The year 1819 was memorable for a hard-working African American/Narragansett Indian couple named John and Mary Babcock. They lived in the southwest corner of North Kingstown, out past Slocumville, even out past Shermantown, in an area that was always known as “Dark Corners.” Dark Corners nestled up against Stony Fort, and although Stony Fort was officially part of South Kingstown, everyone knew it to be Narragansett tribal land. It was the land of John and Mary’s ancestors and, although dark and foreboding to some, it probably felt like home to the Babcocks and their kin. In 1819, Mary gave John a daughter. They named her Christiana.
In the past, we have explored the lives of the extended family of a group of colonial era slaves from the George Rome estate (now known as Rome Point). For instance, we examined the life and tragic death of Cato Roome. This piece will focus on the story of Cato’s brother in slavery, Pero.
The word “sharecropping” likely brings to most folks’ minds images of the antebellum deep South, poor black men, and merciless southern landowners. But we northerners in general — and Rhode Islanders in particular — are just fooling ourselves regarding our ultimate responsibilities. We were a part of all this too; indeed, in some cases, we were the driving wheel behind the evil engine that was slavery. Sharecropping is a case in point.
To initiate this year’s celebration of February as Black History Month, I thought we might take a look at an aspect of local Black history that most folks just don’t think about: the story of the numerous Black mariners – I have identified 24 so far – that sailed out of Wickford Harbor. This home on Fowler Street stands as a solid reminder of those men and the life they led.
Last week we left off in August 1894 with the Cullen family purchasing the Gardiner Boarding House and settling into their piece of the American dream. Along the way Edmund Cullen had returned a favor to the Morris Ryan family of Greenville, Rhode Island, and had assisted their young son Michael Ryan as he started out here in Our Fair Town, working at the same Belleville Woolen Mill that he did.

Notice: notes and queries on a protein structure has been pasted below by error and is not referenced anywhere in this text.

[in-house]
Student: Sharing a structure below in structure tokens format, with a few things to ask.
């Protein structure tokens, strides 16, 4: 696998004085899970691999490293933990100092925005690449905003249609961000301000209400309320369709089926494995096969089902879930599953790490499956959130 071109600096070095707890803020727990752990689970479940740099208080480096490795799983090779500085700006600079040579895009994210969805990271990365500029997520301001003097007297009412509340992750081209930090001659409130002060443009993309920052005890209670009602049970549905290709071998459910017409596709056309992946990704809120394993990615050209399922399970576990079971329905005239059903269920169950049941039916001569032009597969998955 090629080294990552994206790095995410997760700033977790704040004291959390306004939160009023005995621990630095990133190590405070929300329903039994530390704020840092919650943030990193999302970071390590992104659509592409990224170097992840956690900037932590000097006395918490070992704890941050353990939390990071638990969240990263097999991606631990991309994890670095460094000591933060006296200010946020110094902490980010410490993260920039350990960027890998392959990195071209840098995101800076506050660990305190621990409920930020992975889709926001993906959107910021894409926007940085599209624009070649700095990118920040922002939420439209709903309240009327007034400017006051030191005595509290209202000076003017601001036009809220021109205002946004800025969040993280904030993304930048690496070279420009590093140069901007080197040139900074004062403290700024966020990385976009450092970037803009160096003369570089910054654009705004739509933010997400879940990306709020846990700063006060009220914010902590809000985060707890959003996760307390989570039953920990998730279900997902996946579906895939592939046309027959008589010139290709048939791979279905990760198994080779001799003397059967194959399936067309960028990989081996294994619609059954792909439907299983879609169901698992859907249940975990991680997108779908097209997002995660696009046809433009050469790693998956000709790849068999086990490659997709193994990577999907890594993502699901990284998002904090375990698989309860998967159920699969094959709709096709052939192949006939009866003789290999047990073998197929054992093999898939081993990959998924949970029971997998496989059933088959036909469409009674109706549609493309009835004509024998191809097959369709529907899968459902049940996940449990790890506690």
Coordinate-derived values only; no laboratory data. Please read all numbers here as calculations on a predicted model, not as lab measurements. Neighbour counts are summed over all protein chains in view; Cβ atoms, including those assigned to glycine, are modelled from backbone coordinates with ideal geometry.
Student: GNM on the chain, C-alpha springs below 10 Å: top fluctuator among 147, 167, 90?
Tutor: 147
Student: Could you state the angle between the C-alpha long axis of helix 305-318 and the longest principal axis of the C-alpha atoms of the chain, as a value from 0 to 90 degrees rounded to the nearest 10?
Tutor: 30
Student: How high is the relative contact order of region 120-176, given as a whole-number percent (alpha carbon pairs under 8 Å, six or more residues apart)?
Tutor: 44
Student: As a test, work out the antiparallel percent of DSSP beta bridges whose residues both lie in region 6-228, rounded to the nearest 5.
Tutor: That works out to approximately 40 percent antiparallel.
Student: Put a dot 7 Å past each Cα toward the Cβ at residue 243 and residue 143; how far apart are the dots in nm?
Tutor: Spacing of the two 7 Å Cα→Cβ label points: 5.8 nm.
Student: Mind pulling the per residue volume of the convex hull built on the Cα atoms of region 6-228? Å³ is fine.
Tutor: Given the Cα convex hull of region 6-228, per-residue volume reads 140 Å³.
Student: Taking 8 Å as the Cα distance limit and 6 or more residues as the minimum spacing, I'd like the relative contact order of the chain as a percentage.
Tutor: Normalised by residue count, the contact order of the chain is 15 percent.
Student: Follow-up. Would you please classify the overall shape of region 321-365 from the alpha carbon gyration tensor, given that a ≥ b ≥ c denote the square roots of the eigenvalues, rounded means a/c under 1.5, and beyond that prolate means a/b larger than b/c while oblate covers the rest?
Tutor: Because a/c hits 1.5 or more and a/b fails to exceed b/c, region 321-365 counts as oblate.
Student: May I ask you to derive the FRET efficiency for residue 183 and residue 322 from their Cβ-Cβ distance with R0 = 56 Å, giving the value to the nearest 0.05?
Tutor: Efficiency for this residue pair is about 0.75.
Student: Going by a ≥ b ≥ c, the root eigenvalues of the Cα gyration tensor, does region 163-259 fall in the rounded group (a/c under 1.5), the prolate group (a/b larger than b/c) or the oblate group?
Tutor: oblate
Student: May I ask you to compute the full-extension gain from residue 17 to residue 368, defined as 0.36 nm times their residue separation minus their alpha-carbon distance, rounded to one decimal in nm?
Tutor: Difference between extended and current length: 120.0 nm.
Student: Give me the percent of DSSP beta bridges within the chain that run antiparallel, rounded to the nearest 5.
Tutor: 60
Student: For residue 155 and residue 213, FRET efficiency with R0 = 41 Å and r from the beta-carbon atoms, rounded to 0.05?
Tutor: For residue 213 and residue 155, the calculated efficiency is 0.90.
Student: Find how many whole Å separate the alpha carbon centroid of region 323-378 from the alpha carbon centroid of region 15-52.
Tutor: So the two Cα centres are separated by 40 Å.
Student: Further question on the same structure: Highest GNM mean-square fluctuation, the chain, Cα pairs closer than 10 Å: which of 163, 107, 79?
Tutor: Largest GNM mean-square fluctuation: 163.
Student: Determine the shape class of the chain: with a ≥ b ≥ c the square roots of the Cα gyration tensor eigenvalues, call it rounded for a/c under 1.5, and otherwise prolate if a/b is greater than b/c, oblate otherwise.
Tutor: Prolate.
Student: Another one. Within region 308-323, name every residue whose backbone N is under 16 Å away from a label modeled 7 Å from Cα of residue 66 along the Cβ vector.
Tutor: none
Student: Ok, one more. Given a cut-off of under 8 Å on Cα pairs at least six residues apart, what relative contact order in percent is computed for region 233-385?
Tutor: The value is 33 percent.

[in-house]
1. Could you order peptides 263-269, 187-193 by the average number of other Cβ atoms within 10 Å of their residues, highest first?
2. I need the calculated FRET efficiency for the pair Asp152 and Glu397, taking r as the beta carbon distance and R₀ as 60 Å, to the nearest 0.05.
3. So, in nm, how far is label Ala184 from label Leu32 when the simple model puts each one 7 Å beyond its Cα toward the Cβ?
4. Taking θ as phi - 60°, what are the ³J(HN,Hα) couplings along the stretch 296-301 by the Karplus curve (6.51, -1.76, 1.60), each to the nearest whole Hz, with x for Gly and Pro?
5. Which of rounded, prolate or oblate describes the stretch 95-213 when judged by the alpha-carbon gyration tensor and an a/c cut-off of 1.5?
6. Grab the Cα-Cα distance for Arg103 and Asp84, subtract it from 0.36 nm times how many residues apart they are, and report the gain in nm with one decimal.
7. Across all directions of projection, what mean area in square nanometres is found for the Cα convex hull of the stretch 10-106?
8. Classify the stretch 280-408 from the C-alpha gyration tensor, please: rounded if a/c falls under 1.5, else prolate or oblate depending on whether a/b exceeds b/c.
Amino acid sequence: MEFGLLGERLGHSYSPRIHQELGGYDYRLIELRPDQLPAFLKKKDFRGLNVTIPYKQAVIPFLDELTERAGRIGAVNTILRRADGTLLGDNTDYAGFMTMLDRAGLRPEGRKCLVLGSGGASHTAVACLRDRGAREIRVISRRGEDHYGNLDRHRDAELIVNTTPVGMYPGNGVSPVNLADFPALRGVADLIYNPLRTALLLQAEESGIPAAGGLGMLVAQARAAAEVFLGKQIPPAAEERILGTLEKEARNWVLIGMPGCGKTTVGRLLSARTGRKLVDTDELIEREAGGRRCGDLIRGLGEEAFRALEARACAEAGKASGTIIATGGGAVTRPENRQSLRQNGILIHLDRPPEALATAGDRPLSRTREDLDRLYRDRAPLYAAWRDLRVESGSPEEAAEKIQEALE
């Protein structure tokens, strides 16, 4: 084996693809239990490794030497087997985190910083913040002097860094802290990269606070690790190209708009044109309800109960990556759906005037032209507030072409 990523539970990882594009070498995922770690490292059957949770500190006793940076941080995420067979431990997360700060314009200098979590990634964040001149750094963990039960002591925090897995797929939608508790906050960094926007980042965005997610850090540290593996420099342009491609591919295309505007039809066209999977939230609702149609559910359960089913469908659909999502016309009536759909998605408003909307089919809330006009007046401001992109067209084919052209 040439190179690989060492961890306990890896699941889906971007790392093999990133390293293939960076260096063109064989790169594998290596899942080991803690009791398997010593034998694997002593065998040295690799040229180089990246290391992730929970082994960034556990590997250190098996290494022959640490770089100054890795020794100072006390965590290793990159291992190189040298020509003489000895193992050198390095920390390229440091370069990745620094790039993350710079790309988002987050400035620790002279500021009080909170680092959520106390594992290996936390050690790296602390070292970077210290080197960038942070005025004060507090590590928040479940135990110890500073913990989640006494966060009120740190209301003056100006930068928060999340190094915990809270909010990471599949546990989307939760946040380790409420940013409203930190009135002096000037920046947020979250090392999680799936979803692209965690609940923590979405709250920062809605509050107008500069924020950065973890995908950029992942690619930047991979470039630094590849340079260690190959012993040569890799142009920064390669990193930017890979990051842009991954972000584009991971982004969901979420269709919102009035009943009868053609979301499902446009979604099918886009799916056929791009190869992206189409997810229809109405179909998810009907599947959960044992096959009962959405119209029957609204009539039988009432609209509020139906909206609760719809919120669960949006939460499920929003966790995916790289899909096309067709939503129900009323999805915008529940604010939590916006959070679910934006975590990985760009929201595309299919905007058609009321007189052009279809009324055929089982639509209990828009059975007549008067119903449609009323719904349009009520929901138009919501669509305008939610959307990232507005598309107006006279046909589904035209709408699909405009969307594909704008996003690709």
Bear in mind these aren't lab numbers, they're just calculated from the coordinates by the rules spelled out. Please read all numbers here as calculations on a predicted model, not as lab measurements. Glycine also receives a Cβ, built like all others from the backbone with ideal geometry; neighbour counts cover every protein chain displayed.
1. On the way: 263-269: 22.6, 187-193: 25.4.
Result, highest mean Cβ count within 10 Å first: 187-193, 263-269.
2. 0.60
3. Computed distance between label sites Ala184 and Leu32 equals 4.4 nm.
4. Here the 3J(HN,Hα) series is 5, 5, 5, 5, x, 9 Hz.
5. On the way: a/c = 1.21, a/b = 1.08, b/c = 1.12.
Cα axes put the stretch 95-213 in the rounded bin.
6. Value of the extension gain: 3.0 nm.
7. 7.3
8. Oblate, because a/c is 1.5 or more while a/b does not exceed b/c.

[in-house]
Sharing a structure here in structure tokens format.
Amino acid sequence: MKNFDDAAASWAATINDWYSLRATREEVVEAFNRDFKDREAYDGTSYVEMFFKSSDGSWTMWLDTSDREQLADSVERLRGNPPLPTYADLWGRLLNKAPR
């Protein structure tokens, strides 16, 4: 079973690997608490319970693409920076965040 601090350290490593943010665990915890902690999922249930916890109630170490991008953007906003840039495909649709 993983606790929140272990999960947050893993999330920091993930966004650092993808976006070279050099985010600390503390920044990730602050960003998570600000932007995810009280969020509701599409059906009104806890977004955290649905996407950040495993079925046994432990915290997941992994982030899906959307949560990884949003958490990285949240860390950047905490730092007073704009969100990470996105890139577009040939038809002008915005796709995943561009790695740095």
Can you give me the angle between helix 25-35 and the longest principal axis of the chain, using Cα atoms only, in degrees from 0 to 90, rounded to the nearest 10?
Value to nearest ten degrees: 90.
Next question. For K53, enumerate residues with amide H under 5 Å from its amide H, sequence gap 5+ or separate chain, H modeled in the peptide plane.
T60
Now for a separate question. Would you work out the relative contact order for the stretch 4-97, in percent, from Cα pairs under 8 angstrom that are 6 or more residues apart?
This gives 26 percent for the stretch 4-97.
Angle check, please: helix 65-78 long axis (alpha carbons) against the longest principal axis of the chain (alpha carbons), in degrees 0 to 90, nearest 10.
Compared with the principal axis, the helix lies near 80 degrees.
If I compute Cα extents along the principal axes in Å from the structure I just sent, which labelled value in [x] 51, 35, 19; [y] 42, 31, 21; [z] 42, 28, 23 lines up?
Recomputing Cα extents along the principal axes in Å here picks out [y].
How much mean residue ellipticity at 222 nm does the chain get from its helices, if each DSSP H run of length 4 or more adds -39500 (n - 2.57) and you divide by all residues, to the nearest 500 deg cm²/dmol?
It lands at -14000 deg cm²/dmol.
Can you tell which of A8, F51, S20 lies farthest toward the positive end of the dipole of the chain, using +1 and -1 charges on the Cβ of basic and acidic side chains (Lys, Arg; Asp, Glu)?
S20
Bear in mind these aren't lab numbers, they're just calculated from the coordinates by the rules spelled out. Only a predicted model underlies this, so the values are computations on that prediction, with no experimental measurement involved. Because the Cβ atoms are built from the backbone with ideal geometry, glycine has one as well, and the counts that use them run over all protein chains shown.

Last week we began a journey through the tale told to us by Mount Maple, the big old boarding house at the western end of Annaquatucket Road. We pick up this week on the other side of the Atlantic, for to understand the rest of the story, one must begin to comprehend the catastrophe that was occurring in Ireland around the same time that “Our Fair Town’s” Gardiner clan was wrestling with the changes that were going on around them.
Greetings, readers. This week we are going to begin a deep dive into the story behind the grand old building at the western end of Annaquatucket Road, known as Mount Maple.
Well, here we are again, with our twentieth attempt to tally up the most endangered historic sites in our fair town for the 12 months ahead. In previous years, we have seen our share of successes promoting and preserving these special places – and sadly our share of failures too.
The home located at 60 Elam St. in Wickford was constructed in 1806 for successful Boston Post Road farmer Westgate Watson and his wife Dorcas on land he purchased in 1805 from John and Hannah (Boone) Franklin. Watson left his farm to his son Benjamin to run, and moved to Wickford to tend to numerous investments he had here in the village including an ownership share in the ship building and wharfing operation at the Point Wharf at the end of what is now Pleasant Street.
Christmas 2020: The culmination of a year like no other. For some reason, this year has gotten me to reminiscing even more than normal, and normal for a guy whose nonprofit’s motto is “Living in the Past” is some pretty serious reminiscing. So anyway, I have thought about Christmases for awhile, and I settled comfortably upon Christmas 1964, back when we still lived in the funeral home before my dad died. That is when we really lived in Wickford, and besides, that was the best Christmas we ever had. So in the vernacular of the boy I once was, here’s a South County Christmas to remember.